If you think that's a lot of stuff to carry around, check out Chinarider's list in the thread I referenced above. I know guys who are more hard core than that, with spare fuel pumps and dizzys, etc.
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Towel Rail
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PostPosted: Fri Jul 14, 2006 8:19 pm    Post subject: Reply with quote

iltis74 wrote:
But if you're going to do it all crazy like, why not throw in an accelerator cable and an 8mm?


A spare clutch cable would go nicely with that... Wink

I've got a modest set of tools (wrenches, pliers, flashlight, fan belt, etc) with me, along with a quart of oil and a two-ton jack, but I really like your setup, Capt Spalding.
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WD-40
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PostPosted: Fri Jul 14, 2006 9:48 pm    Post subject: Reply with quote

That looks like an incredible kit! Shocked I applaud you for thinking forward- not just "having every tool", but having specific tools for specific needs.
Image may have been reduced in size. Click image to view fullscreen.



I do see a few things you are missing though, that I think are important. I'll mention them here- pick and choose if you think they are valid for your outings.

#1 - Bailing Wire.
This has huge numbers of uses. You can tie a door shut if the latch breaks. You can wire a wheel if you need to hold a car and a parking brake cable broke. Lost the accelerator cable? Punch a hole through the rear firewall and run a new line - pull to go. There's hundreds of uses.

#2 - Rubber Bands.
I've used 'em to replace carb springs, and have even used one to replace a choke that died in the middle of winter. They can also be used to keep lines/wires out of the belts, and other misc purposes.

#3 - Electrical and/or Duct Tape.
Works great for its intended purposes, but can also be used for all kinds of fastening tasks. You can tape up vacuum ports if you lose a line or a plug. You can seal things from the elements.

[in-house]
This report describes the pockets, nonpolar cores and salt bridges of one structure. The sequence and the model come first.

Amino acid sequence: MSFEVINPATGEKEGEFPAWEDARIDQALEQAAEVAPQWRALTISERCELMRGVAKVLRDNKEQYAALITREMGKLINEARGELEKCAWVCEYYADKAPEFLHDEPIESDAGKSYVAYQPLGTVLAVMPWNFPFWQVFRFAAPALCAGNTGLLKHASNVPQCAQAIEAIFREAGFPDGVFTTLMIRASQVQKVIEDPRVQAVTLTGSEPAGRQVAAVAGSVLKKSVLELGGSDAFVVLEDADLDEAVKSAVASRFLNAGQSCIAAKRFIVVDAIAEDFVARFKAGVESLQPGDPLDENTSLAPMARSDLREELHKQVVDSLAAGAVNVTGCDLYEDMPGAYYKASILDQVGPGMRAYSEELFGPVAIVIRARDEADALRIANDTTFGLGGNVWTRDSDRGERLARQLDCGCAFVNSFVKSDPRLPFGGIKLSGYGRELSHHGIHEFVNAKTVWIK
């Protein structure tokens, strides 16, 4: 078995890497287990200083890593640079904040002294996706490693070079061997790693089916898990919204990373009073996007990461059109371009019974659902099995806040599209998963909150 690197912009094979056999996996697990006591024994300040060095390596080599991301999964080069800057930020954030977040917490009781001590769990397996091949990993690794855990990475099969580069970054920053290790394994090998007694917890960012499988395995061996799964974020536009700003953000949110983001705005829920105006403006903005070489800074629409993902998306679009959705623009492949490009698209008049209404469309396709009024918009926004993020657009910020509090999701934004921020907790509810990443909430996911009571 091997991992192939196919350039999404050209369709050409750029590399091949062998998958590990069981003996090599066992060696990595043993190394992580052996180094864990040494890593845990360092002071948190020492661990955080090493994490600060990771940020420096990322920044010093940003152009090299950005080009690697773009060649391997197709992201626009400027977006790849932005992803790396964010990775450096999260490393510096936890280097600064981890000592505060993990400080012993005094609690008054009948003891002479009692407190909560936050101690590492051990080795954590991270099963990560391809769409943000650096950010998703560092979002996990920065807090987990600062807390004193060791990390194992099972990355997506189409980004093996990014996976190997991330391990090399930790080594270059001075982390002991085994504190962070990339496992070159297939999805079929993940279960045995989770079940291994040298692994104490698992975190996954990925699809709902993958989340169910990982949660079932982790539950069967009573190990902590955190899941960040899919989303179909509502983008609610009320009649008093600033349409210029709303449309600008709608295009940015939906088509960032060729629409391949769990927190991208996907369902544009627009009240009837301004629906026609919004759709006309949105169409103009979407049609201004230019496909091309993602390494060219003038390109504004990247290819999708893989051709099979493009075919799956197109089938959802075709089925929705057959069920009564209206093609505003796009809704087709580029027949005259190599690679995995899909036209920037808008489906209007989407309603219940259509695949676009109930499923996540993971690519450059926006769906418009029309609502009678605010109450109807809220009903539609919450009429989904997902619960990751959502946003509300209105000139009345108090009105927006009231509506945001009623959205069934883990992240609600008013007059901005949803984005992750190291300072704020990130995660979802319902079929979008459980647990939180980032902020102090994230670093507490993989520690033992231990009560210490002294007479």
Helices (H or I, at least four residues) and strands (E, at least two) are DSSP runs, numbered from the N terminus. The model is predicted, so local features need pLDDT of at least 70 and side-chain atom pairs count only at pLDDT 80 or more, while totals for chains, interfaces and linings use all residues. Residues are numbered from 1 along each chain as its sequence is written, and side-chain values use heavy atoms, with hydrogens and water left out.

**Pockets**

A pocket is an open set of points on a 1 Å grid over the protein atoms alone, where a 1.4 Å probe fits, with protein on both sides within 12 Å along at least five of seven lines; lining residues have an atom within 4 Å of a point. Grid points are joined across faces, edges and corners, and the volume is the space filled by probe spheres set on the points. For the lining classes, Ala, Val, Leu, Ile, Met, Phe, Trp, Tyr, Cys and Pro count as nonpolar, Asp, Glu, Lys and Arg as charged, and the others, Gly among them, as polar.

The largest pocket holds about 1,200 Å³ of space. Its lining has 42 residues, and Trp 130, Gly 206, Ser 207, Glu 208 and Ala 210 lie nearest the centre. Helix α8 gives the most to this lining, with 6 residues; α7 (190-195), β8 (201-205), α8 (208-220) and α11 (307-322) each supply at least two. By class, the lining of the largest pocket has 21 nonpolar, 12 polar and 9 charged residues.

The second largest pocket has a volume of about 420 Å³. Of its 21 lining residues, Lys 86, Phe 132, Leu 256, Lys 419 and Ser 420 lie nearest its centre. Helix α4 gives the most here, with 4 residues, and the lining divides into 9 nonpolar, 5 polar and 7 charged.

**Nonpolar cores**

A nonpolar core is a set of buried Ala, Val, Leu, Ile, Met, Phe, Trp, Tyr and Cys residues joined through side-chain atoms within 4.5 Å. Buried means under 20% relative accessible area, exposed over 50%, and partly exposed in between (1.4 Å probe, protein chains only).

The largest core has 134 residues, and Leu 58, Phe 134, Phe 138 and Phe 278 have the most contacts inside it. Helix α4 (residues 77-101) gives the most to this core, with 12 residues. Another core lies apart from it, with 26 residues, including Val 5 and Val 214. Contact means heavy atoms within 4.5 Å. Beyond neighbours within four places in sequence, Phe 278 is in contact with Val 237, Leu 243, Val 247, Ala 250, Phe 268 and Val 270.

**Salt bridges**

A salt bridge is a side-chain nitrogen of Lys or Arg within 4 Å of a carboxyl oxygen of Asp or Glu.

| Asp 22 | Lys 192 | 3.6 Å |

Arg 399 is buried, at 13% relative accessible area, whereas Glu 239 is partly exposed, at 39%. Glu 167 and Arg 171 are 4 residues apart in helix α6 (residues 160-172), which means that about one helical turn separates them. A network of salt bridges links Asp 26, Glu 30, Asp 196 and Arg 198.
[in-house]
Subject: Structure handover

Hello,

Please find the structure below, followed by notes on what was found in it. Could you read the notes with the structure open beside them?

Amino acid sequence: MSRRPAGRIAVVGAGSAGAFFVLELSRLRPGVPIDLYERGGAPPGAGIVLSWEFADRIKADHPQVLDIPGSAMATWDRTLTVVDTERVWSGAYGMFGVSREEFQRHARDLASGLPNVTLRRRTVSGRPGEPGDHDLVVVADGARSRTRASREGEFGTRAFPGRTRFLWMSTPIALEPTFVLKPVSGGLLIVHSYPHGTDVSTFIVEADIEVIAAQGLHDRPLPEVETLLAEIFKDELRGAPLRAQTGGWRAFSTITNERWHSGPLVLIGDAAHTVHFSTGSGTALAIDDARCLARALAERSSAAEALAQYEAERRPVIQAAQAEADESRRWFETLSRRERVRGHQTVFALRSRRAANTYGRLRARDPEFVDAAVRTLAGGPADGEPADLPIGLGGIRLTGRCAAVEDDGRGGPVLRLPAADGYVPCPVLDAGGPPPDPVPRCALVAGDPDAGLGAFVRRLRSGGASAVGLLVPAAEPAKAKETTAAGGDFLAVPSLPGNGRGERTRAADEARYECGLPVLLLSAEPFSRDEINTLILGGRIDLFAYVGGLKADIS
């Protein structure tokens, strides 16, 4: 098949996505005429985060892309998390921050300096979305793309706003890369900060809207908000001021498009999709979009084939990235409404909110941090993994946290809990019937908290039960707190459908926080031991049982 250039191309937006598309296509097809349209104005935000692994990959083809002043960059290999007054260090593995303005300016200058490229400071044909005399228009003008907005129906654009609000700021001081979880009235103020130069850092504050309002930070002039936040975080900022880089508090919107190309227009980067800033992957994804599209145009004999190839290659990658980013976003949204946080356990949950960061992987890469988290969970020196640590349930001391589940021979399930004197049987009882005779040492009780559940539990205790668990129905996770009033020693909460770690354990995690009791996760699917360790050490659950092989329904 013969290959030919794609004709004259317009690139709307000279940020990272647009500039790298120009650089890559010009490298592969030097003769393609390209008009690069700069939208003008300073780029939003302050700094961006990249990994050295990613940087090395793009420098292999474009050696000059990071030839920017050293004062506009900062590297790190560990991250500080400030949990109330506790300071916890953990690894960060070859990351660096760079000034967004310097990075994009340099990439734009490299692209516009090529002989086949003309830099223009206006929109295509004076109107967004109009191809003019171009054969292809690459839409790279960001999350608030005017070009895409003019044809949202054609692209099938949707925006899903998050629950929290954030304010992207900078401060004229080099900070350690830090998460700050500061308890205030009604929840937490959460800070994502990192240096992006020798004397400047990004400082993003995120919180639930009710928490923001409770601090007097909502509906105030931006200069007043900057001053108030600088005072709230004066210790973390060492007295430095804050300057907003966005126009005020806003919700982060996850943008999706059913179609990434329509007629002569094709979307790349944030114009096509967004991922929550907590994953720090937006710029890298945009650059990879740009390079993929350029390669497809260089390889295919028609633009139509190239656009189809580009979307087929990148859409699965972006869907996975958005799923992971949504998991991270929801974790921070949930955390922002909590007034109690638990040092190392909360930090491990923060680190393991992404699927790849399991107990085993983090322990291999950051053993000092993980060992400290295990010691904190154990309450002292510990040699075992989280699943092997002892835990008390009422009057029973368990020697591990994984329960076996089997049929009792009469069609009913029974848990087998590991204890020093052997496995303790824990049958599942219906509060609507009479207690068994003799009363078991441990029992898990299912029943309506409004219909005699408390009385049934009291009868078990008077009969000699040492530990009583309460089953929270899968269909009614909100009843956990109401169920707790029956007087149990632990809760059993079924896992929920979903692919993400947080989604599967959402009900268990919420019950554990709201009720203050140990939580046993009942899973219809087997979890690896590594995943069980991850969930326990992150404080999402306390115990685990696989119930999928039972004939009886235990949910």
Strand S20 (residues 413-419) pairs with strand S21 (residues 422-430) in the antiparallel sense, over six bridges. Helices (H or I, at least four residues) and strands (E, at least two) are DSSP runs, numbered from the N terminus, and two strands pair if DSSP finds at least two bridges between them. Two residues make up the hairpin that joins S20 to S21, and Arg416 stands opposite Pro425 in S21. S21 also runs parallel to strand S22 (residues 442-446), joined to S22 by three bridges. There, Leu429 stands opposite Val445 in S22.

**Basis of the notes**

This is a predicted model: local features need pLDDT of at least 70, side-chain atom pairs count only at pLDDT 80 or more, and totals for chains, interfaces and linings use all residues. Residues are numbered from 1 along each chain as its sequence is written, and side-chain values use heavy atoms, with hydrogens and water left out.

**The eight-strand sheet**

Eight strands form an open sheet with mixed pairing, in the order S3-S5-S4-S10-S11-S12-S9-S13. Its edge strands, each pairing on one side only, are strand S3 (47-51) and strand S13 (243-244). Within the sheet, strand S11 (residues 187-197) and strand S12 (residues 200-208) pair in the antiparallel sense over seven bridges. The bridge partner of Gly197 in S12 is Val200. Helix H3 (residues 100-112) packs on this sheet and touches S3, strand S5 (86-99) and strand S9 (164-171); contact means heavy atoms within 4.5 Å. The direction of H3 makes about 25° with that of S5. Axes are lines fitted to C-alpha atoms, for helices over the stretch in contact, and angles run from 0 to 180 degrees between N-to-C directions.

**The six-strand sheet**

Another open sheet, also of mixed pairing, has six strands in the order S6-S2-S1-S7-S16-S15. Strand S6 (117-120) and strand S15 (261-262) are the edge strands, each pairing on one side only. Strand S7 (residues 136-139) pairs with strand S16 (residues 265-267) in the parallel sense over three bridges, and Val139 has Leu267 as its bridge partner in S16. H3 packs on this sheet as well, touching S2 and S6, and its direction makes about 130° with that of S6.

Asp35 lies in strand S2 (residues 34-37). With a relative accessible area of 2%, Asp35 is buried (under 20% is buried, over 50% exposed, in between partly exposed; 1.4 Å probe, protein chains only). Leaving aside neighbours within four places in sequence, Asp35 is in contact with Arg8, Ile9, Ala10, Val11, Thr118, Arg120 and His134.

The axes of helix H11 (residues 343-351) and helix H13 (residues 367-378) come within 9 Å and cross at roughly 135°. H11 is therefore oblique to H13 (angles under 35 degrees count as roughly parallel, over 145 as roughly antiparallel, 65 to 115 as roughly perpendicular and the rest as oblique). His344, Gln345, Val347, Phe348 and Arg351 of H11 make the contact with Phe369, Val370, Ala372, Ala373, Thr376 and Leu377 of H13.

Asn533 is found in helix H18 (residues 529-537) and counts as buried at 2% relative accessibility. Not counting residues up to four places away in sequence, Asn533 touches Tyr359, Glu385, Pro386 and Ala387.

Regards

#4 - Wire.
You never know what kinds of electrical problems you might have. A small spool of wire might be handy.

#5 - Spade Lugs, Wire Nuts, & Electrical Connectors.
For the above wire.

#6 - Small Crimp Tool.
For the above connectors.

#7 - Fuel Filter.
Hate to let a clogged filter keep you from going anywhere...

#8 - First Aid Kit!
Pretty much essential, IMHO.

#9 - Fire Extinguisher.
Also essential, IMHO.

#10 - Brake Fluid.
If you have a line failure, such as a flex line burst, you can always crimp the hard line and keep going on three brakes. But if the fluid all drains out of that circuit, you're down to two wheels only. It wouldn't take a large amount to get you going (or rather, stopping) again.

#11 - Spare Lug Bolts/Nuts.
Stock hubcaps do a good job catching them if they work their way out, but with aftermarket wheels, you might not be so lucky. Just a few spare lugs and a socket to fit might come in handy.

Hope this helps!
- David
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Captain Spalding
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PostPosted: Fri Jul 14, 2006 10:33 pm    Post subject: Reply with quote

WD-40 wrote:
I do see a few things you are missing though, that I think are important. I'll mention them here- pick and choose if you think they are valid for your outings . . .

Excellent feedback. Thanks.
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Towel Rail
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PostPosted: Fri Jul 14, 2006 11:44 pm    Post subject: Reply with quote

I did a quick scan of the other forums, and none have a sticky for "Stuff to Bring on a Long (or Short) Trip", even the Baywindow Forum! Therefore, I think it would make a good sticky, either in the General forum, or the Shows/Events/Camping forum.

Thoughts? Ev, Brian, Keifer?
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bljones
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PostPosted: Sat Jul 15, 2006 6:29 am    Post subject: Reply with quote

I will sticky it here, and further contributions are welcome. great idea, capt.


To add to the spares list:
rotor,
distributor cap.
You can even keep your rotor, condensor, and spare points all in the dizzy cap and store the whole works in a peanut can.



Remember Murphy's Law- the part that will fail will be the one you think you didn't need.
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Ferretkona
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PostPosted: Sun Jul 16, 2006 2:00 pm    Post subject: Reply with quote

Great list

I also carry a AAA premium card. But it is useless on unmarked roads.
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bucko
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PostPosted: Mon Jul 17, 2006 6:18 pm    Post subject: Reply with quote